New Haven, Connecticut 06510


A feasibility study to evaluate the use of white noise to improve sleeping conditions in an ICU setting.

Study summary:

The ICU is full of alarms and critically ill patients, so it is no surprise that sleep is very much fragmented and poor in this setting, as documented in numerous studies. White noise is a simple intervention that has been shown to improve sleep, including in the ICU setting. The aim is to conduct a pilot trial evaluating the feasibility of providing white noise to patients in the ICU at night to help improve sleep. The plan to measure feasibility metrics including patient acceptance, patient tolerance, and intervention fidelity; also to seek feedback from patients, nurses, and providers. Secondly is to evaluate the benefits of providing white noise at night in the ICU on sleep as measured by actigraphy and Richards-Campbell Sleep Questionnaires and total room sound.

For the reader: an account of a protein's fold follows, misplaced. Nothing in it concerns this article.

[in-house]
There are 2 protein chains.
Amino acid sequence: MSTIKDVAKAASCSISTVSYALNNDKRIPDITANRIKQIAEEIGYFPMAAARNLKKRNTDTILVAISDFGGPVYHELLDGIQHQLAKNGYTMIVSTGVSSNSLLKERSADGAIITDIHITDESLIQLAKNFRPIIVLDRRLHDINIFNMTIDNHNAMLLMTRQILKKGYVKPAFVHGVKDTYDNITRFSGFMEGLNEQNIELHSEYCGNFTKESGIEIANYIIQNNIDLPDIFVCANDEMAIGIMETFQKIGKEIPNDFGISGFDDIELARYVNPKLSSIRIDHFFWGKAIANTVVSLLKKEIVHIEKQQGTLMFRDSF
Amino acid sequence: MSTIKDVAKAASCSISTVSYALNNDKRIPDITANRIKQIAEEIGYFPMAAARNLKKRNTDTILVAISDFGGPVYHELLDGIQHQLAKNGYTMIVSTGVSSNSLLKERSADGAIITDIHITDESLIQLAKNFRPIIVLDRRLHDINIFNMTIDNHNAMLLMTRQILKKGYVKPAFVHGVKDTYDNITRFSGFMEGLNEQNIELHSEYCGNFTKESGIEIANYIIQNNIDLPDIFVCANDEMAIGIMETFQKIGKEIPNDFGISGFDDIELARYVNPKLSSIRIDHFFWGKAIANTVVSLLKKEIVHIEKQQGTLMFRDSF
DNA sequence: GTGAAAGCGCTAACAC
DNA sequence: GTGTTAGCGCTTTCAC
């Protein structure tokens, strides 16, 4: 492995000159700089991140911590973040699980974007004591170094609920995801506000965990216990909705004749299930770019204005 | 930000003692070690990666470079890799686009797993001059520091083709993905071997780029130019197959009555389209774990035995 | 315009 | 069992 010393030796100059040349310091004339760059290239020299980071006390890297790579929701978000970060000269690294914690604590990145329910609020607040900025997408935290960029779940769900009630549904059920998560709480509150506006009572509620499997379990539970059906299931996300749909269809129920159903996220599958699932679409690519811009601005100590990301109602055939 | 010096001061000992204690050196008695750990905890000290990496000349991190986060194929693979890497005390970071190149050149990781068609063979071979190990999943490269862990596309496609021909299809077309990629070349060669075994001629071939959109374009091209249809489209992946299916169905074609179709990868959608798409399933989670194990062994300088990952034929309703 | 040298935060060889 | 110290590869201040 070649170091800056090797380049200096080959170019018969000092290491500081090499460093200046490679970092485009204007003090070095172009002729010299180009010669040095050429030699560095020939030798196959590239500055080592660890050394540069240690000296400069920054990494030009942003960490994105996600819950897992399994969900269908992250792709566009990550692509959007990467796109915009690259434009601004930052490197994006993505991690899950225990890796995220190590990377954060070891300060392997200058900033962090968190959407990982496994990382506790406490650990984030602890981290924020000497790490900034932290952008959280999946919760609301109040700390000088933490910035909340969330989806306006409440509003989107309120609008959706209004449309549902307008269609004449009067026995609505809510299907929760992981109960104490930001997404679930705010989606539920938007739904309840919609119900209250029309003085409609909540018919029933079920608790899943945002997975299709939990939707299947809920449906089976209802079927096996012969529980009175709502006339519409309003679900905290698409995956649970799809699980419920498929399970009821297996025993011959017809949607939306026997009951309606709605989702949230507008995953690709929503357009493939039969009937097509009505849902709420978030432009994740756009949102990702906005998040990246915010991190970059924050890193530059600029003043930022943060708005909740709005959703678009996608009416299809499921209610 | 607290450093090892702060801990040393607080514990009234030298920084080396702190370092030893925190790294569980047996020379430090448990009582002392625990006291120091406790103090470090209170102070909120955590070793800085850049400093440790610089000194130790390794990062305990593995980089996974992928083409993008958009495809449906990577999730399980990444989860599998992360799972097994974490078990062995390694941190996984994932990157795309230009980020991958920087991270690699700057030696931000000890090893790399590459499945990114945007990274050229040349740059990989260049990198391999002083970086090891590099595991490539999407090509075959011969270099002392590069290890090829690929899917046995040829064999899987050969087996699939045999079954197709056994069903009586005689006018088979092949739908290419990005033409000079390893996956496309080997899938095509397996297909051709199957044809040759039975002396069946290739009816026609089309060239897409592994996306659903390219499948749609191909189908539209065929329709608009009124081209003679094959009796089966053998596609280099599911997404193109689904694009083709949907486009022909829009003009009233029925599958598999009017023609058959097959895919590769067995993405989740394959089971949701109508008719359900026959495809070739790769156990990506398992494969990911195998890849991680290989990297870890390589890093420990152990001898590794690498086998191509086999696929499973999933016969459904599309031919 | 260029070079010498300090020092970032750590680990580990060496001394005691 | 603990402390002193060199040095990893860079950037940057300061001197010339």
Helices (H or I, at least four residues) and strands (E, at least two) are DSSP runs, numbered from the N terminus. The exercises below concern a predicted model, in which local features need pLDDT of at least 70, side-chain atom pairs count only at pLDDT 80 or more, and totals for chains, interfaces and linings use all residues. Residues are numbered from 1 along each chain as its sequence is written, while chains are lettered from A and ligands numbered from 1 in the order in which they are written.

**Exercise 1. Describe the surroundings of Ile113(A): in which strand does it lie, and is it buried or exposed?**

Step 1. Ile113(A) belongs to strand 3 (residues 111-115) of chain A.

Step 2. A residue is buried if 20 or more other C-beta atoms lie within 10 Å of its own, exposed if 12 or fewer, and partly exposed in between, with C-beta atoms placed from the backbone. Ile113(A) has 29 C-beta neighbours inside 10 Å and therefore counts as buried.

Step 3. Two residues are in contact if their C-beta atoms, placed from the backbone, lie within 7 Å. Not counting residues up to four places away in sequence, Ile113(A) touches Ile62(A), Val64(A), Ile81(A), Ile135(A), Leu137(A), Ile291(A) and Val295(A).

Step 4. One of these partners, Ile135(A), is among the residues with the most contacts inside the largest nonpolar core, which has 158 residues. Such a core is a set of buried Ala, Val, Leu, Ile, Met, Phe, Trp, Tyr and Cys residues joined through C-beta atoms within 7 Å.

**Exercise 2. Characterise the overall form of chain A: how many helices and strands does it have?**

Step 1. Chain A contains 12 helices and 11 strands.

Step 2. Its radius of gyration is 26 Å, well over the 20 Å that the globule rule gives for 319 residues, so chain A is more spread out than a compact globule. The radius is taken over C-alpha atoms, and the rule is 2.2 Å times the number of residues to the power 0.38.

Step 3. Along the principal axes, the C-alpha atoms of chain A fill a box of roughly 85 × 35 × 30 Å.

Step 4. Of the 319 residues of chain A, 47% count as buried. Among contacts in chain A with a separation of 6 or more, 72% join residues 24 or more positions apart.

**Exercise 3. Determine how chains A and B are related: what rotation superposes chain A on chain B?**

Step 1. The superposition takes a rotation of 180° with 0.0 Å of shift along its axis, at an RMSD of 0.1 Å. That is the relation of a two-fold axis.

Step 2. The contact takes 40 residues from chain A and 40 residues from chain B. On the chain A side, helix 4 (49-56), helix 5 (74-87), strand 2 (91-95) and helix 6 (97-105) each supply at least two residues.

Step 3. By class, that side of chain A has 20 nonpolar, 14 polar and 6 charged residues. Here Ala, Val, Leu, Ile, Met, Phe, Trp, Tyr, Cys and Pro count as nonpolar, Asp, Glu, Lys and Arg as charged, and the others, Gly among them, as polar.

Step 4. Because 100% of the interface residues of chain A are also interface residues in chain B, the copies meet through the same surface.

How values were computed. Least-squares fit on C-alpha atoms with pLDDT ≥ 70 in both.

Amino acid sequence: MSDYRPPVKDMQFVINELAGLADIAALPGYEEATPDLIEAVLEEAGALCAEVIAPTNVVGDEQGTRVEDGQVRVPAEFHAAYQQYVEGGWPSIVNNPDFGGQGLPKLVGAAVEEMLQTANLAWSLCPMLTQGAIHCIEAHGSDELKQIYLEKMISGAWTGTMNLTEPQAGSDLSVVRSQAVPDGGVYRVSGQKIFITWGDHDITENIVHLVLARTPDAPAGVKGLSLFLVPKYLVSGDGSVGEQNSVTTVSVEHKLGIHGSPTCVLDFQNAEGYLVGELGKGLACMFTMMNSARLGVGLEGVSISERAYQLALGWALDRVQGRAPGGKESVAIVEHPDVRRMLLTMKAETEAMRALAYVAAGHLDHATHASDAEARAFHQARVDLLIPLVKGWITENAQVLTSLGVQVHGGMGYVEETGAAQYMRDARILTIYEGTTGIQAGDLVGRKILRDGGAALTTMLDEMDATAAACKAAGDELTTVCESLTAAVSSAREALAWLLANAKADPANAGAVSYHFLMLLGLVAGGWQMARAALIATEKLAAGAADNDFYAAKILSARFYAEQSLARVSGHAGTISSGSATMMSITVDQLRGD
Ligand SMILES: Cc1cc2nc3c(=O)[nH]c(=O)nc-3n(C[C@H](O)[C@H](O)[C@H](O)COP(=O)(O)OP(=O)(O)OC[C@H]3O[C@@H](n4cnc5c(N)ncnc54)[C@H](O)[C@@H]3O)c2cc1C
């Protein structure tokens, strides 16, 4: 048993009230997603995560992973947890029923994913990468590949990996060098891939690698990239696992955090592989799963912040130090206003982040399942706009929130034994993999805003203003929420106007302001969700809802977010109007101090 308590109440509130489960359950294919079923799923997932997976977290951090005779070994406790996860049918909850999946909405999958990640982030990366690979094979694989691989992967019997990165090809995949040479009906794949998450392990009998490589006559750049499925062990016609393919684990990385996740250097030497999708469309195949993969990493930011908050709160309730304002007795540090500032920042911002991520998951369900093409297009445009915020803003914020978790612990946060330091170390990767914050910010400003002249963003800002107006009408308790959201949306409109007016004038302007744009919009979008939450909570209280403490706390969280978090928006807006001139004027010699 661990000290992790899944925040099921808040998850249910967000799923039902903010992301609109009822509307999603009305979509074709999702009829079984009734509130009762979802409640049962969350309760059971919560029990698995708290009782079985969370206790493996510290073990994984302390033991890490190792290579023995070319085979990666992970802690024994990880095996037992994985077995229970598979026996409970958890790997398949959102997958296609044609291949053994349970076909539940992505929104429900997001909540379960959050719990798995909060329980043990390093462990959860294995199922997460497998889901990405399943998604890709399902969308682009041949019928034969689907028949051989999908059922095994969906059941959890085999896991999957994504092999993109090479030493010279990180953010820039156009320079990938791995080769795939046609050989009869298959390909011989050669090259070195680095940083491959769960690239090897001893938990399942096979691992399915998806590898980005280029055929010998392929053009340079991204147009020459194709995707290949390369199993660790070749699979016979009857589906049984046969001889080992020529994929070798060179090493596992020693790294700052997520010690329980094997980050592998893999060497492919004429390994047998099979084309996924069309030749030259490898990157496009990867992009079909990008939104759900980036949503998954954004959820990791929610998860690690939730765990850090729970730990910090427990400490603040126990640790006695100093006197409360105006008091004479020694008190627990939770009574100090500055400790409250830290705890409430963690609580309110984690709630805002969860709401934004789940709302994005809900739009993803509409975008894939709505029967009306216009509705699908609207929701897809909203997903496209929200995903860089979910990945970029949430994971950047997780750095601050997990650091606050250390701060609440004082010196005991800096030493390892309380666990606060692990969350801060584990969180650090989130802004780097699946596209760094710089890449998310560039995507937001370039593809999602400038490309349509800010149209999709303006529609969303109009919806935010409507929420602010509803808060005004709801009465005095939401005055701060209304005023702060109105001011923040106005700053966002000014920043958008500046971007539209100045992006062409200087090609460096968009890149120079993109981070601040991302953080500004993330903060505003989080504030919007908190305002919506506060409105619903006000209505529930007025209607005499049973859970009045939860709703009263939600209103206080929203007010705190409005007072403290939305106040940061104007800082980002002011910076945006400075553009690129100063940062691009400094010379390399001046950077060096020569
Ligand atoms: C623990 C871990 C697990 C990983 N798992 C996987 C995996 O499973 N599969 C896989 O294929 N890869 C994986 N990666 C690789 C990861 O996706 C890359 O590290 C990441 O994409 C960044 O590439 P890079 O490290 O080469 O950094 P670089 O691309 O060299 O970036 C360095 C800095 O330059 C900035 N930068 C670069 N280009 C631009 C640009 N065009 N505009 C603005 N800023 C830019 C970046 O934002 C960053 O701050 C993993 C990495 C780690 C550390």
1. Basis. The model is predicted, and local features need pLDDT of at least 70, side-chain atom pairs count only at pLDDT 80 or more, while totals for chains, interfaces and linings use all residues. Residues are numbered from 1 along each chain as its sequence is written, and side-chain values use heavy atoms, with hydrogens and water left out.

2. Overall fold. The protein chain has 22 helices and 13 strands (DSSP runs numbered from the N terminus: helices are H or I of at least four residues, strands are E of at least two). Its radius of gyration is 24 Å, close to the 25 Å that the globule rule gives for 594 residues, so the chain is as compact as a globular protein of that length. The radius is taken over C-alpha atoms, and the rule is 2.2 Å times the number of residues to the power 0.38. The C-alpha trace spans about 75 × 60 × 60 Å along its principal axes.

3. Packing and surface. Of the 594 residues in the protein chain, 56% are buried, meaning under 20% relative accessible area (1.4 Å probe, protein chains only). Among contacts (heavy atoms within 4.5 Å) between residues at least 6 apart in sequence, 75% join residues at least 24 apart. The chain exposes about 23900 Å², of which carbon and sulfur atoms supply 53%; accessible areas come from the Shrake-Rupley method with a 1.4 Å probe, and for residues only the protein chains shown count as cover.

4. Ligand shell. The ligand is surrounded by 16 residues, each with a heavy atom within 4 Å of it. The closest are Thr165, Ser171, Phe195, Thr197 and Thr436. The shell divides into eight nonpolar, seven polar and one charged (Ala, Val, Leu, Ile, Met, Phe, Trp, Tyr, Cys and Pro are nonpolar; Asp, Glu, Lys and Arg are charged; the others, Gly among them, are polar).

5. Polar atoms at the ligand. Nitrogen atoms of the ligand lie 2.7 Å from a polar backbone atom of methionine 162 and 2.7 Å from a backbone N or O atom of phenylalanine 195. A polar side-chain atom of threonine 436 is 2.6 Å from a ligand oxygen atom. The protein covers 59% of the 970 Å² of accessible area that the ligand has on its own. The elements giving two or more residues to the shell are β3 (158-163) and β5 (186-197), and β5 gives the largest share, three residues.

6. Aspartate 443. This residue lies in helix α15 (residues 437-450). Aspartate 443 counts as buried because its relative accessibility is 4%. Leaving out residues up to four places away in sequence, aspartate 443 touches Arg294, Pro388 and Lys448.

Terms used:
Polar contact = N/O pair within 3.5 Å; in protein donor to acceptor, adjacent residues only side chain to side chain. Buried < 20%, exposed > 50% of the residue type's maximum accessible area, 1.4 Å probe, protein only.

Inclusion Criteria: - Adults >18yo admitted to MICU with expected stay of at least two nights after enrollment Exclusion Criteria: - Excluding intubated patients (so communication can be better) and patients on high-flow nasal cannula (which is already high background noise). - Patients who are on therapeutic hypothermia or are on comfort measures only will also be excluded



Primary Contact:

Principal Investigator
Catherine Gao, MD
Yale University

Catherine Gao, MD
Phone: 203-688-5555

Backup Contact:

Melissa Knauert
Phone: 203.785.4163

Location Contact:

New Haven, Connecticut 06510
United States

Catherine Gao, MD

Site Status: Recruiting

Data Source:

Date Processed: February 04, 2019

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